What’s the Difference Between an AVO and a DVO?

Difference Between an AVO and a DVO?

By cropped movement legal

· Read time: 4 minutes

AVOs and DVOs are both court orders designed to protect people from violence and harassment. A DVO is a type of of AVO specifically designed for people in a domestic relationship (ie spouses / partners)

Legal Definitions of AVO and DVO

An Apprehended Violence Order (AVO) is a court order made to protect a person from violence, threats, intimidation, or stalking. It is issued by a magistrate or judge when a person fears for their safety, or that of their children. 

A Domestic Violence Order (DVO) is similar to an AVO but is specifically for people who have or had a domestic relationship with the person they are seeking protection from.

Scope of Protection Offered by AVO and DVO

Both AVOs and DVOs are designed to protect people from harm. They prohibit the person against whom the order is made from doing certain things, such as contacting the protected person, going near their home or workplace, or behaving in a violent or intimidating manner. 

However, the scope of protection offered by AVOs and DVOs can vary depending on the circumstances.

Length of Time for Which AVO and DVO are Valid

AVOs and DVOs are issued for a set period of time, usually between 6 months and 2 years. However, they can be extended if necessary. 

If you need ongoing protection, you may need to apply for a new order when the current one expires.

Penalties for Violating AVO and DVO

Breaching an AVO or DVO is a criminal offence, and the penalties can be severe. Depending on the circumstances, a person who breaches an AVO or DVO can be fined, imprisoned, or both.

AVO (Apprehended Violence Order)DVO (Domestic Violence Order)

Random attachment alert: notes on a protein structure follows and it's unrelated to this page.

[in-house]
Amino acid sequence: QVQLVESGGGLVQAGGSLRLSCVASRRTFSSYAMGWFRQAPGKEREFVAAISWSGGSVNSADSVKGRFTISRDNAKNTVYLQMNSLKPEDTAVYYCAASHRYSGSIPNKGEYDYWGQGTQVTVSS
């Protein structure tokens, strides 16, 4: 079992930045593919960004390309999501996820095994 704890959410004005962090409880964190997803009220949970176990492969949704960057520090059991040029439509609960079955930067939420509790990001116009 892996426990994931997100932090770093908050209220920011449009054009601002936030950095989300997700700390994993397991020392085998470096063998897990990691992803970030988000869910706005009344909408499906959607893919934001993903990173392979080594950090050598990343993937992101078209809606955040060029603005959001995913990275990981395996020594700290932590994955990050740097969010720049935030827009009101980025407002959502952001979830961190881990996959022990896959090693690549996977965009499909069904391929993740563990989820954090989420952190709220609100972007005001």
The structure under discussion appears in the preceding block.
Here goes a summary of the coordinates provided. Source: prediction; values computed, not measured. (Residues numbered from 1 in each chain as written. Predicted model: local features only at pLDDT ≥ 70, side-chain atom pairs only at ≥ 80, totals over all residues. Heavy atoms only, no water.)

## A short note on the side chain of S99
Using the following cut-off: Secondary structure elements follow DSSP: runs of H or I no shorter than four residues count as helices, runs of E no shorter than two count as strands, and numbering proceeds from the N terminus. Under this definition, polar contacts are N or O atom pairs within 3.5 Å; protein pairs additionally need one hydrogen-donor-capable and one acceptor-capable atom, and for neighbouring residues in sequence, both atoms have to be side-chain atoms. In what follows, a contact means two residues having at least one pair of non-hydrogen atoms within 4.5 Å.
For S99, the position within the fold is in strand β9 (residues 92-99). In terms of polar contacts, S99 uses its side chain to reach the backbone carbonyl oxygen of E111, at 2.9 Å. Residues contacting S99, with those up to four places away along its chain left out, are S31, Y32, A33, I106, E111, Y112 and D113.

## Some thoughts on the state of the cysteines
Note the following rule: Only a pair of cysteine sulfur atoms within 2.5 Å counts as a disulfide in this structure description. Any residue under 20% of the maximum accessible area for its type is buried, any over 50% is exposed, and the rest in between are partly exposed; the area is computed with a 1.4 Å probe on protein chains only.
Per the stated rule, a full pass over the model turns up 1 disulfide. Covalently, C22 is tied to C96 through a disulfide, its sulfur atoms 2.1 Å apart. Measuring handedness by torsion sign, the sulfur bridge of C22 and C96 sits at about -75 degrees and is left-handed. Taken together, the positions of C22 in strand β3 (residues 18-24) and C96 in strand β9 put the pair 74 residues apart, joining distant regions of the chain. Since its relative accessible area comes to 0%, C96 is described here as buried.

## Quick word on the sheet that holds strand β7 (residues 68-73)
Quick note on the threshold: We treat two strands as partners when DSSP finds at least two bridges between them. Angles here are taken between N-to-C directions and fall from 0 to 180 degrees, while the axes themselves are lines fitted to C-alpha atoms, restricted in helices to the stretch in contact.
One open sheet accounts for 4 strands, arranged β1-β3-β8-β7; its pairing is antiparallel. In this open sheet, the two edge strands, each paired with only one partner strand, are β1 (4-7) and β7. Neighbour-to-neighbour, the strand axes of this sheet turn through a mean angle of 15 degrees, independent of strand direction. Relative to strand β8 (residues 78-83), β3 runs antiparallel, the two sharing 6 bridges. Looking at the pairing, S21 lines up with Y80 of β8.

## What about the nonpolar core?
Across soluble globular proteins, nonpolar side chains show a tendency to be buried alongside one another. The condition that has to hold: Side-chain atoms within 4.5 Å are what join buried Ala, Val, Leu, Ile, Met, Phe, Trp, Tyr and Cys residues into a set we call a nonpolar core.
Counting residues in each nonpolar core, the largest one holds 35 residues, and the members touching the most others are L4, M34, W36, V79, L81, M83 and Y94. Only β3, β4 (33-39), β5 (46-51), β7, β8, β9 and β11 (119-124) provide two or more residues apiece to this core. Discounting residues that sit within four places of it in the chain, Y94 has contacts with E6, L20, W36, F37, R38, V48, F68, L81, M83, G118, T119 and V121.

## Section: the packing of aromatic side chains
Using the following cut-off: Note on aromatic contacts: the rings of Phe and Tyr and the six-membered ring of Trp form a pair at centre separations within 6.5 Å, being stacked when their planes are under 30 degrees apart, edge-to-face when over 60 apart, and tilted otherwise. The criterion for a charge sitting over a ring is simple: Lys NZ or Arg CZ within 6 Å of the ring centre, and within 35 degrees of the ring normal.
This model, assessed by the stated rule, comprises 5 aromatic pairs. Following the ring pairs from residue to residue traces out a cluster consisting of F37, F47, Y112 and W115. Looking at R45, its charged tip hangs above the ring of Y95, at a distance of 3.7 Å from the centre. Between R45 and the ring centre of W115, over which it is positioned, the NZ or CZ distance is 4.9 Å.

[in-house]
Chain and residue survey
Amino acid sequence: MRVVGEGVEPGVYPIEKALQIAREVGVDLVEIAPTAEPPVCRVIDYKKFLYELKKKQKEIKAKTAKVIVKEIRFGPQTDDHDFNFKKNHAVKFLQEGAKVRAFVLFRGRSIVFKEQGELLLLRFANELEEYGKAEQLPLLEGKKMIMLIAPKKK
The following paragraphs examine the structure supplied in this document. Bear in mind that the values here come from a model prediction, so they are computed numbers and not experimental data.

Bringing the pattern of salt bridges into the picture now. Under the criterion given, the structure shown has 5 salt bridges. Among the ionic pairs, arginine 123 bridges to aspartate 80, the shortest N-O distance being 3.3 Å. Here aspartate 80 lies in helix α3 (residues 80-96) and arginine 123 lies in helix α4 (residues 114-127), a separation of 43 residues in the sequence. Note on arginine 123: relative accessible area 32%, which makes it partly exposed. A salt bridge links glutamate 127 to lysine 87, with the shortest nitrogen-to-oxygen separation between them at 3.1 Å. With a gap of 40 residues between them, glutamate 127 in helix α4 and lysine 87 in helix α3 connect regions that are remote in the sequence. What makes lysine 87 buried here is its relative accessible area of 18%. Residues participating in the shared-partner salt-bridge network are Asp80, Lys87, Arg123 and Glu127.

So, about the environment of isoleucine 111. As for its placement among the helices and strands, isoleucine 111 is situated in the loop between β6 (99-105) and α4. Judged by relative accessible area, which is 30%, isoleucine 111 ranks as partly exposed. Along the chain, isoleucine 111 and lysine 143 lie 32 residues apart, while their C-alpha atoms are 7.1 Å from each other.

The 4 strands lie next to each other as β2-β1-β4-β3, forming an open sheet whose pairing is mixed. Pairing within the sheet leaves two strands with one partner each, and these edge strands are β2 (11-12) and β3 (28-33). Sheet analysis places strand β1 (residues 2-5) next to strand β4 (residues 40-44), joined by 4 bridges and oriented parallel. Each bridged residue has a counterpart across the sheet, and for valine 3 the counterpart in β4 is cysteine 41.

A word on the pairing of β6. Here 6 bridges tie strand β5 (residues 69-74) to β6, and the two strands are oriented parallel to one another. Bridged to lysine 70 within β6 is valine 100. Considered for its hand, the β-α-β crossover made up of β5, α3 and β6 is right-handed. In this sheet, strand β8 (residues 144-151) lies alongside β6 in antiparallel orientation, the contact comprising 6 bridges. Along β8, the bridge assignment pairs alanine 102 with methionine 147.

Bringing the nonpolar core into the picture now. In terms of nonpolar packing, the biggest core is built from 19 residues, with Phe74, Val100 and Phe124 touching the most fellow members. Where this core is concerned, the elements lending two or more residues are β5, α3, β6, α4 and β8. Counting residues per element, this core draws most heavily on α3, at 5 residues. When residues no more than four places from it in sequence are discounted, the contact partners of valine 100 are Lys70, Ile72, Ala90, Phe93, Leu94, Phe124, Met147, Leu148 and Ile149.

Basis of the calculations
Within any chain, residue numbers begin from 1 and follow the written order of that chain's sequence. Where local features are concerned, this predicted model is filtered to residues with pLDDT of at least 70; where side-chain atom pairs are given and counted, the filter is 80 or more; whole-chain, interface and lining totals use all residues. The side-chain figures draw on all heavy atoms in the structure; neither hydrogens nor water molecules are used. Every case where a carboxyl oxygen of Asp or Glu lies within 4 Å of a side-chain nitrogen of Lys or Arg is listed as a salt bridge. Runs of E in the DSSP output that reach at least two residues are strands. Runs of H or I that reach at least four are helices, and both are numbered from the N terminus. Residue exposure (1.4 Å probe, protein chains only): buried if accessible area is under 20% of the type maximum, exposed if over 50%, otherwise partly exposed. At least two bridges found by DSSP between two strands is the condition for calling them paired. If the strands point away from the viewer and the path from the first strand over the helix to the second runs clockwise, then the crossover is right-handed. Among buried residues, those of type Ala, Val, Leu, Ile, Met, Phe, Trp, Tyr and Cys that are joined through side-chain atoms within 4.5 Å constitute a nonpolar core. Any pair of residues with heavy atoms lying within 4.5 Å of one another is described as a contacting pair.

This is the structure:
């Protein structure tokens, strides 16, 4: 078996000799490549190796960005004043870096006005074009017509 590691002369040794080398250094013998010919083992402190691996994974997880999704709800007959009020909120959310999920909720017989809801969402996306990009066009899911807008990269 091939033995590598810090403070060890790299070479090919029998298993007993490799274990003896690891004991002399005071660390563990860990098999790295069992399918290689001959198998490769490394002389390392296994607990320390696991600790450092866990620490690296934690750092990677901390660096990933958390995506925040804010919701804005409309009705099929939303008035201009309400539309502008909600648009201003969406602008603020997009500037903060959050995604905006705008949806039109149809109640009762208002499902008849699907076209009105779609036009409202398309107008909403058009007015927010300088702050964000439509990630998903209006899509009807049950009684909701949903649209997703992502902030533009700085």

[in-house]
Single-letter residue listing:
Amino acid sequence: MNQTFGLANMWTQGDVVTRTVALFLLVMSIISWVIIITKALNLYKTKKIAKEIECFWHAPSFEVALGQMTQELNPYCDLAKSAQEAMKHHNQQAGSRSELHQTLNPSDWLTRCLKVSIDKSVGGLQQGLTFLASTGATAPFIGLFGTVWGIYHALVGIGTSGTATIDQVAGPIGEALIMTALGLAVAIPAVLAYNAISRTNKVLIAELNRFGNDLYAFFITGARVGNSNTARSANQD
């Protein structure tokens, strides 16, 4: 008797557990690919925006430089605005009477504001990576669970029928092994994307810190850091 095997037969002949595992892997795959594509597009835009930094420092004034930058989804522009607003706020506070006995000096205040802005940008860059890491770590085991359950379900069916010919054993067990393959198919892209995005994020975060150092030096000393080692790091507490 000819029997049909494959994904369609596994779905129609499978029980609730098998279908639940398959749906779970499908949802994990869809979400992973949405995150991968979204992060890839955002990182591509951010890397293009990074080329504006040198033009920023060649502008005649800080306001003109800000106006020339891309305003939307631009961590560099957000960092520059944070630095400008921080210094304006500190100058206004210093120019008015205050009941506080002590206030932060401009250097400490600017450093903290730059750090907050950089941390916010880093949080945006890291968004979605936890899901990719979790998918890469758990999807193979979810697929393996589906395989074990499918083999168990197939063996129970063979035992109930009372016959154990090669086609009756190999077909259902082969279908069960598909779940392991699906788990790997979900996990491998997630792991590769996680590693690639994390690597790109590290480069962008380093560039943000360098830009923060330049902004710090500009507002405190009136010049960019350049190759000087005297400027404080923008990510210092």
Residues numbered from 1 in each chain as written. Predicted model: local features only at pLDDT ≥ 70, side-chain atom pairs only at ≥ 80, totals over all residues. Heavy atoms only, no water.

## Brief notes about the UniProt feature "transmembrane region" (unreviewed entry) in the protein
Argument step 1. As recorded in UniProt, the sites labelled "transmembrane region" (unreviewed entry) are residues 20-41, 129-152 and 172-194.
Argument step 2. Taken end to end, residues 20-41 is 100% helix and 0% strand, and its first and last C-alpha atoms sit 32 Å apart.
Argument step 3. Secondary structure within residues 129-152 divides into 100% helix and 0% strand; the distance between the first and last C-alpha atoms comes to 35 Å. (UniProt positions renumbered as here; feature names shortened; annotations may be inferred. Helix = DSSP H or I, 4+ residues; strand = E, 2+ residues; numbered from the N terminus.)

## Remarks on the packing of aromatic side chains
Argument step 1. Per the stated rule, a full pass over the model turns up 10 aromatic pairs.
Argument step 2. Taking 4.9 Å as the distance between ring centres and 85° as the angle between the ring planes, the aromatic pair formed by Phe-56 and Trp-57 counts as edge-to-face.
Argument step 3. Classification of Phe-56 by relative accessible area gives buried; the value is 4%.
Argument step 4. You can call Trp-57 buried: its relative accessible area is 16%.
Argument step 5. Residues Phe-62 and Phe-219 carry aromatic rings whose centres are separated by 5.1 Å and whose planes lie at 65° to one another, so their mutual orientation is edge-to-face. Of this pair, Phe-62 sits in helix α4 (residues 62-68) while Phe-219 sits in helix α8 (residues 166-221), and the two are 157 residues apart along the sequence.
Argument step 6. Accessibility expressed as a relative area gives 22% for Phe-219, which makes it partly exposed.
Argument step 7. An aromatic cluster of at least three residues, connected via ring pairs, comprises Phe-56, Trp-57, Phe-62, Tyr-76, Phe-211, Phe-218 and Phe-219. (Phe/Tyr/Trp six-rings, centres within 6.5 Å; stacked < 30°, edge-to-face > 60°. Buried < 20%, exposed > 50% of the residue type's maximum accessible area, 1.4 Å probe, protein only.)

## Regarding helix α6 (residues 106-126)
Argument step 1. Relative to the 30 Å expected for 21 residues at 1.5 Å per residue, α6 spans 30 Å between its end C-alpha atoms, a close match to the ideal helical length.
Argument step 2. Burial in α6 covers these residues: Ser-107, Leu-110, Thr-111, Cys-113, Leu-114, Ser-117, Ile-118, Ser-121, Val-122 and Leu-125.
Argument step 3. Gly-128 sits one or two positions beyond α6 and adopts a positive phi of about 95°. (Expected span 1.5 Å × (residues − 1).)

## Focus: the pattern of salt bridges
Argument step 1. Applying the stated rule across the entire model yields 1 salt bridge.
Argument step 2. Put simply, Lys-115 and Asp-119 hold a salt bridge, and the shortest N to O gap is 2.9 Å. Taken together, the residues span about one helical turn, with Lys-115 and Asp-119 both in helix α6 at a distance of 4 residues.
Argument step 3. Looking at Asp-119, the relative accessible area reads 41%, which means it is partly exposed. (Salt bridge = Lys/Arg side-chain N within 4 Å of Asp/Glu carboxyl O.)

Legal DefinitionA civil order that aims to protect a person from violence, harassment, or intimidation.A court order that aims to protect a person from domestic violence.
Scope of ProtectionProtects a person from a specific person who has threatened or caused them harm, including family members or domestic partners.Protects a person from domestic violence committed by a spouse, former spouse, or domestic partner.
Length of TimeAn AVO can last for a period of up to two years or longer.A DVO can last for a period of up to five years or longer, depending on the circumstances.
PenaltiesViolation of an AVO can result in criminal charges, fines, or imprisonment.Violation of a DVO can result in criminal charges, fines, or imprisonment.
It’s important to note that the laws regarding AVOs and DVOs can vary between different states and territories in Australia. It’s crucial to seek legal advice if you are considering obtaining an AVO or DVO, or if you have been served with one.

FAQs

What is a DVO?

A Domestic Violence Order (DVO) is a court order made to protect a person from violence, threats, intimidation, or stalking by someone with whom they have or had a domestic relationship.

What is an AVO?

An Apprehended Violence Order (AVO) is a court order made to protect a person from violence, threats, intimidation, or stalking.

Importance of Understanding the Difference Between AVO and DVO

It’s important to understand the difference between AVOs and DVOs because the circumstances under which they are issued can be different. If you’re unsure which type of order you need, it’s best to seek legal advice.

Importance of Seeking Legal Advice

If you’re considering applying for an AVO or DVO, it’s important to seek legal advice. A lawyer can help you understand the process, the types of orders available, and the likely outcome of your case. They can also represent you in court if necessary.

Need assistance?

If you would like help with an AVO, DVO or any aspect of a family law matter, book a time here to speak with one of our team members.

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